I’m a fan of hip-hop. It’s Dustin’s genre of choice. We both know a great number of locals who love it, too. But “hip-hop” and “Rochester” aren’t words typically spoken in the same breath. When it came to my attention some years back that there lies an underground hip-hop community right here in our city, I truly was surprised.
When starting this My Town My Music adventure, we wanted to provide the opportunity for our members to let us know what types of music they love, and what they would like to see come to our city. Our aim is to take that data and use it to help us make choices on which genres/artists we pursue.
What we have found is that there is a significant interest in hip-hop among our members. It doesn’t have a stronghold in our city by any means, or a lot of support, but we know there are enough hip-hop heads to warrant a full-on night dedicated to the artists and fans who love it most.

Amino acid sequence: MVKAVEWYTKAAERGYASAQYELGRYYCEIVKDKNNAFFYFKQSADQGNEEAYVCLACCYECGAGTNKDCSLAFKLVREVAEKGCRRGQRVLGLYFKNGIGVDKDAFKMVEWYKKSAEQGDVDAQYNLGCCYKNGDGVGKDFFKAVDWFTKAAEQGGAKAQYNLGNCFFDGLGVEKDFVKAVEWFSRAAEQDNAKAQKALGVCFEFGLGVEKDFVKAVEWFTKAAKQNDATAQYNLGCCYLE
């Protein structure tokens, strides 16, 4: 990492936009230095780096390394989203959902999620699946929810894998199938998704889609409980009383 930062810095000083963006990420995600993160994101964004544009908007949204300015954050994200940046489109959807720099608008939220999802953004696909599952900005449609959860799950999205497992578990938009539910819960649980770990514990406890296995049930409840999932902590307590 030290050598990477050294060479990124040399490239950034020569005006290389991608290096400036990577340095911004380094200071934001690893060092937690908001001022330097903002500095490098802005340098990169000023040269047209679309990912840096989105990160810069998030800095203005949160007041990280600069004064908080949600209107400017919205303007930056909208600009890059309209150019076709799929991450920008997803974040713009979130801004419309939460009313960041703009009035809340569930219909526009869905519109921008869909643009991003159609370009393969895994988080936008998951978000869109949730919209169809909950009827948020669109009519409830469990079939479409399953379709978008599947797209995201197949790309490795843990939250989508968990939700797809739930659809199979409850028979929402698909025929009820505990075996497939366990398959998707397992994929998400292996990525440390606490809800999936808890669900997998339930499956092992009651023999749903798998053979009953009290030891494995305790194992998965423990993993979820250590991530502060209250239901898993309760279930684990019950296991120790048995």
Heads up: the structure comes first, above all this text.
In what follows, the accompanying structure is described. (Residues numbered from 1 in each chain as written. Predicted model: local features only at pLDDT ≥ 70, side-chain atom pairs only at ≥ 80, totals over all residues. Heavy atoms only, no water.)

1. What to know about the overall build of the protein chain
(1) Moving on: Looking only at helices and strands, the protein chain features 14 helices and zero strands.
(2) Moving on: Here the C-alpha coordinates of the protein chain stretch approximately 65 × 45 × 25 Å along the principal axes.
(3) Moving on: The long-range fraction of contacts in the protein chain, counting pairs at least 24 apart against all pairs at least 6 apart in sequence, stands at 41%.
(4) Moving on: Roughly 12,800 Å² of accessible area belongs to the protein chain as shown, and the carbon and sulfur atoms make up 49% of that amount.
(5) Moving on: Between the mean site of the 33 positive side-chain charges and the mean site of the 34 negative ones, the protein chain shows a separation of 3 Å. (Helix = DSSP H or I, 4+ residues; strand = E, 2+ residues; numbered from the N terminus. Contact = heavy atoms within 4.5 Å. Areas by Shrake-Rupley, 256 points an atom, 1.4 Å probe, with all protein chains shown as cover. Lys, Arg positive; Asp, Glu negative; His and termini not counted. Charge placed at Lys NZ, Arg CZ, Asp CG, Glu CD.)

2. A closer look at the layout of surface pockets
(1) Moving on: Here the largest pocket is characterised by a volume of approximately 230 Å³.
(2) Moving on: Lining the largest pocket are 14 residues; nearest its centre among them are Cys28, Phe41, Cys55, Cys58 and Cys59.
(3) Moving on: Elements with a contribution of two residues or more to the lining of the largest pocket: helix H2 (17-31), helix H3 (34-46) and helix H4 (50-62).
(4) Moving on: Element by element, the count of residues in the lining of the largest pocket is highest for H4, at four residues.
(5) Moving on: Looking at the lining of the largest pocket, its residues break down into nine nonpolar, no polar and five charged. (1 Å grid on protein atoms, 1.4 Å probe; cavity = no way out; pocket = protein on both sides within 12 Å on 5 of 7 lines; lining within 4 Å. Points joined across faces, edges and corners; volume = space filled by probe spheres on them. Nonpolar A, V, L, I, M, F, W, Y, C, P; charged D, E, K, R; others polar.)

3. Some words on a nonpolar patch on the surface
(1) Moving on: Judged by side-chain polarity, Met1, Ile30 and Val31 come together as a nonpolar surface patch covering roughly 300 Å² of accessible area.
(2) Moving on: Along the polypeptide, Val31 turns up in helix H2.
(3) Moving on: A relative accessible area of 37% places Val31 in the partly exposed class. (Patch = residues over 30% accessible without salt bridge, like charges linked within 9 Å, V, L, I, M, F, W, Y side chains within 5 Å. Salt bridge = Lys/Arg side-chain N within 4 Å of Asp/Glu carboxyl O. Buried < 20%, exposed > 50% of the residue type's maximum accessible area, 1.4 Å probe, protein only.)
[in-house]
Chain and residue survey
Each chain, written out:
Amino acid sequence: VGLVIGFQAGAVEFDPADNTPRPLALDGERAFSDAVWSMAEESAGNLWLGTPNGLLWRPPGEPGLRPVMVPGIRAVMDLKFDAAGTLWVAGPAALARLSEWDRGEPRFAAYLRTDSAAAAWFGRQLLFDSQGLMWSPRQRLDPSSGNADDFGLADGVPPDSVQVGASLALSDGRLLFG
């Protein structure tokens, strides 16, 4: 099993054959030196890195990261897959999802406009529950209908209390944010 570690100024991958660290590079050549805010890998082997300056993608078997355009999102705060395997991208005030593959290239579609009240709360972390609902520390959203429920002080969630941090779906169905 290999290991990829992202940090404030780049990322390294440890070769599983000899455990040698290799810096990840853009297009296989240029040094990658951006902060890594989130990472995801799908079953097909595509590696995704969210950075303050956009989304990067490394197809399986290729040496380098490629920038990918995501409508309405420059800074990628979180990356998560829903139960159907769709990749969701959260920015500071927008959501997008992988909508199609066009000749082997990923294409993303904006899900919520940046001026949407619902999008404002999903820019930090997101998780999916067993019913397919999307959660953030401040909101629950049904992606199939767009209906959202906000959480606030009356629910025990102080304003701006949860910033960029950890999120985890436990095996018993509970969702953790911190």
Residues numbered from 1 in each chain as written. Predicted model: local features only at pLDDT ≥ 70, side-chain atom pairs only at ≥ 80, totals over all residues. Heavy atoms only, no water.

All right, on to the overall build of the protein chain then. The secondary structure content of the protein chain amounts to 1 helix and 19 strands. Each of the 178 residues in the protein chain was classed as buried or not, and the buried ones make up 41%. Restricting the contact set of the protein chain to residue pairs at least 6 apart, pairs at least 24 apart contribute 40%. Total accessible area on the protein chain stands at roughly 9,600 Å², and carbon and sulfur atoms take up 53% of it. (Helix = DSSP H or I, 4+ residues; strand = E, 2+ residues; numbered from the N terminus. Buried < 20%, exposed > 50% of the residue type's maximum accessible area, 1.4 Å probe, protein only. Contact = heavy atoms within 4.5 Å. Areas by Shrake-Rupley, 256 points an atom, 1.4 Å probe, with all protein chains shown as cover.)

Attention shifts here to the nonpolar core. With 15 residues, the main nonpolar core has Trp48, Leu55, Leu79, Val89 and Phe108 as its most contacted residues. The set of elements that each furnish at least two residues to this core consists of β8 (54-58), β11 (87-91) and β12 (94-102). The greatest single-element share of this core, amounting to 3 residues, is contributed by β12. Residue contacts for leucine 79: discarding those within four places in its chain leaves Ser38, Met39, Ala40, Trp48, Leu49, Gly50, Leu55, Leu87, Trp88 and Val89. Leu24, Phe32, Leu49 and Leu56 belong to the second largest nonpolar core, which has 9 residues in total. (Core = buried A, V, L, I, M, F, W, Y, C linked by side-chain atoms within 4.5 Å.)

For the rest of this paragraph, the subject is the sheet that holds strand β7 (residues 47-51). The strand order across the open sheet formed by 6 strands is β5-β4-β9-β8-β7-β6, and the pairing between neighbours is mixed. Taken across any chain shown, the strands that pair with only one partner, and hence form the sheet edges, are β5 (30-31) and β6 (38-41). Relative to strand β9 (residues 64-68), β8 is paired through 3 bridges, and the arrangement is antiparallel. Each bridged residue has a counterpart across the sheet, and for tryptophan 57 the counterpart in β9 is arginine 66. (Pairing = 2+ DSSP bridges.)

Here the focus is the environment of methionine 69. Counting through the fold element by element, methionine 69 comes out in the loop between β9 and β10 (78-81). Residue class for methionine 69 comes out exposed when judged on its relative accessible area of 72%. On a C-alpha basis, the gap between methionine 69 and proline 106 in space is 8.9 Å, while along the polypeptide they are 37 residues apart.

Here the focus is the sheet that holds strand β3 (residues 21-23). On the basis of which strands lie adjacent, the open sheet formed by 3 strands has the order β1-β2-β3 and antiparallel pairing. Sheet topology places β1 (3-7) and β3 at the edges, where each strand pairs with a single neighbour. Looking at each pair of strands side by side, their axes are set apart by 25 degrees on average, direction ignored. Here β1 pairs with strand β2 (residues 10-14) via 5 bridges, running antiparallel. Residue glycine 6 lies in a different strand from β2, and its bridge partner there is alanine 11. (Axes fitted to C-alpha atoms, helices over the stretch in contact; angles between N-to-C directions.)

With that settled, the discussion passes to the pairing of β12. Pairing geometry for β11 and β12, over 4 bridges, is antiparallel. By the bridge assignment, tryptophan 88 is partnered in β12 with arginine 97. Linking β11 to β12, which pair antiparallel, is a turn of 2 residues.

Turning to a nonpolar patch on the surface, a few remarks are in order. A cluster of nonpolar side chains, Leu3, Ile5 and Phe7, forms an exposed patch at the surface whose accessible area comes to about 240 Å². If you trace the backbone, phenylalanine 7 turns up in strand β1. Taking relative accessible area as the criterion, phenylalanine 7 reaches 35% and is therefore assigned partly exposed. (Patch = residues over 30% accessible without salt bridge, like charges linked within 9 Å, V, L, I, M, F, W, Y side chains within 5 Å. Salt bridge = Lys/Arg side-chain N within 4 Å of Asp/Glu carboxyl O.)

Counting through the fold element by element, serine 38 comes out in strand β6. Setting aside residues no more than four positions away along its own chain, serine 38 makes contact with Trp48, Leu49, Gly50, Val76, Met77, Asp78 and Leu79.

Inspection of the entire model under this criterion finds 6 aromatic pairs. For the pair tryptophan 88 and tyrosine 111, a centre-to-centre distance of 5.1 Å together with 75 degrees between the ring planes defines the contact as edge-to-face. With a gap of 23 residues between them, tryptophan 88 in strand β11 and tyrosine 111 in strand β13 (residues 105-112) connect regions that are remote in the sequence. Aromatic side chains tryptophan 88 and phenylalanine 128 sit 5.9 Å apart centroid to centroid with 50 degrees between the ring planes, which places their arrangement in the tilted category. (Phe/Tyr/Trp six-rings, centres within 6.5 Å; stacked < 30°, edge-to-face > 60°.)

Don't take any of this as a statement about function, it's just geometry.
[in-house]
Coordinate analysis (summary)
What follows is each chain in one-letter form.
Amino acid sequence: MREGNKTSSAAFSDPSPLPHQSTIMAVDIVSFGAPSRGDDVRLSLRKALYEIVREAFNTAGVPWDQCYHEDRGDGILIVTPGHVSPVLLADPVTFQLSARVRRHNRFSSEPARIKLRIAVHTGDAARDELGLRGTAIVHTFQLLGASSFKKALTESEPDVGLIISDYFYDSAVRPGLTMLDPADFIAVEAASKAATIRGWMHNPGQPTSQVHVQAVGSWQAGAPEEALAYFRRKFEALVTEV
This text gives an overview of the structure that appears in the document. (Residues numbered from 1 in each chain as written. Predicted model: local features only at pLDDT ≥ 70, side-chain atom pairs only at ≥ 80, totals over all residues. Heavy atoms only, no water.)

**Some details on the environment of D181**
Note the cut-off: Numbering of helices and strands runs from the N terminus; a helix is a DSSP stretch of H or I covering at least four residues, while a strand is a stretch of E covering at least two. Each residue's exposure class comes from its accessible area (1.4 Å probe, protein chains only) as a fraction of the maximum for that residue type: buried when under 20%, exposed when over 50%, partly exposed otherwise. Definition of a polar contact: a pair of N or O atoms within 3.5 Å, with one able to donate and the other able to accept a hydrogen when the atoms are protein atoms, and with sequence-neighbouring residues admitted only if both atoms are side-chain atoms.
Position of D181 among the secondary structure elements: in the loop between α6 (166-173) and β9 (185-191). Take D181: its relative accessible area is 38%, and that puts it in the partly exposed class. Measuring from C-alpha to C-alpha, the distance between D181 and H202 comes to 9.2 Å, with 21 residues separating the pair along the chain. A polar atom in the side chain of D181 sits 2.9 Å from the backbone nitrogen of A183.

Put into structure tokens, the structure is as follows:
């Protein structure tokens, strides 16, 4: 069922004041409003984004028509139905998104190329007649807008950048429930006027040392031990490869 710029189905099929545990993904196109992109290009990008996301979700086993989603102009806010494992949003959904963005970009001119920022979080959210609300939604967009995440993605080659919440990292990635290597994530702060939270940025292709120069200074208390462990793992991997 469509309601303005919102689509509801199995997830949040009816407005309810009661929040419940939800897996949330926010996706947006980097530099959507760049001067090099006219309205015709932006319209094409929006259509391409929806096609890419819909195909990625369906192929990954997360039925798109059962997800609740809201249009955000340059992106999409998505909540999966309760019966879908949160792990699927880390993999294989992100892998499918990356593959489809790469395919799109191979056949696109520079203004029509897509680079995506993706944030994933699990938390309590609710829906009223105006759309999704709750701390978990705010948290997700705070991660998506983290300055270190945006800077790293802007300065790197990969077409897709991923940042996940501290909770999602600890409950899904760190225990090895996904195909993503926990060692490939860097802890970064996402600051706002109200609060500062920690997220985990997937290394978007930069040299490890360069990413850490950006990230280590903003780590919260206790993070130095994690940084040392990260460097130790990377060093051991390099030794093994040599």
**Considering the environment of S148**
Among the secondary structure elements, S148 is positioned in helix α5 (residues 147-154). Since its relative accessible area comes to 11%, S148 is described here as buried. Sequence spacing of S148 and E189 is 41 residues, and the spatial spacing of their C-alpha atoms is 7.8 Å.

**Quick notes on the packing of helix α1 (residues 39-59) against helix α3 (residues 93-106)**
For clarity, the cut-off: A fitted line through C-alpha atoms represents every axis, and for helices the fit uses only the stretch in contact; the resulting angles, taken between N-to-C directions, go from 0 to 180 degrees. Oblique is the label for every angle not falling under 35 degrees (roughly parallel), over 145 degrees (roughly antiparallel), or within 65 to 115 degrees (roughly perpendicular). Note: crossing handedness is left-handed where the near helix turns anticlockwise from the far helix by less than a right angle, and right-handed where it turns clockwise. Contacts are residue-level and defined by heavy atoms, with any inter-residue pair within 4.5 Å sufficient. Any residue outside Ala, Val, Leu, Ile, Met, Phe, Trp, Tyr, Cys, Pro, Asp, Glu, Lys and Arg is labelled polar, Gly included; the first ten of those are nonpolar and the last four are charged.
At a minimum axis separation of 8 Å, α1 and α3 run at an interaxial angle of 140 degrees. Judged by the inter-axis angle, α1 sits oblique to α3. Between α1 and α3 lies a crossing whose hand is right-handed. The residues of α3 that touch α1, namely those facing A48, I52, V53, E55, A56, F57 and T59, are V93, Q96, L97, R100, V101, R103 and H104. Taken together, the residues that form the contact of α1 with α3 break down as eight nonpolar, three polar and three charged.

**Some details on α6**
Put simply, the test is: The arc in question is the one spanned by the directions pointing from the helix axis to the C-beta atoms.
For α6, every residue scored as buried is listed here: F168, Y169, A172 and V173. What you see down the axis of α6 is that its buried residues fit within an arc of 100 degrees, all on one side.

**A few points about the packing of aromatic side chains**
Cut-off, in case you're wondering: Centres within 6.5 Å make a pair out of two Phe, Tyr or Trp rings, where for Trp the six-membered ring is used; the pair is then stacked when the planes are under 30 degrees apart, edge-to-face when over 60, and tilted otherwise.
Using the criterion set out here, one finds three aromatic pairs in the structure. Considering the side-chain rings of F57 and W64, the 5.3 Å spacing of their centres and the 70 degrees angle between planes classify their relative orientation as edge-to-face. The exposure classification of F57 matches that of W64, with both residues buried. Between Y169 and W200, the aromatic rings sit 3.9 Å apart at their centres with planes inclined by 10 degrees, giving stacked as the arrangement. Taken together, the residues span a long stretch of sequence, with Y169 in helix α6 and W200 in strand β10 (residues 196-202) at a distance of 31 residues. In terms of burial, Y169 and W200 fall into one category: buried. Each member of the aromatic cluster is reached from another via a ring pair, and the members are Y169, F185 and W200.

We also have come to know the artists in the area who want to perform locally. While we’ve worked with rap/hip-hop collectives, we haven’t yet dedicated a show solely to the genre. When The Bando Bunch reached out to us, we knew it was a great opportunity give rap lovers what they want. Thus, the Mac Irv show was born.
Mac Irv is Minneapolis born and raised. He started making rhymes before he hit double digits, forming a rap group at the age of nine, but athletic prowess in basketball soon took the majority of his focus, putting his love for making music on the sidelines. He showed a promising career in professional basketball, until a serious injury cut things short. He found his interest in music being reignited at the age of 25, and things haven’t slowed down since. Mac Irv has recently been on tour supporting Prof, and we’re pumped to have him on stage! Check out his latest video for “Maintain” below.
The lineup also includes: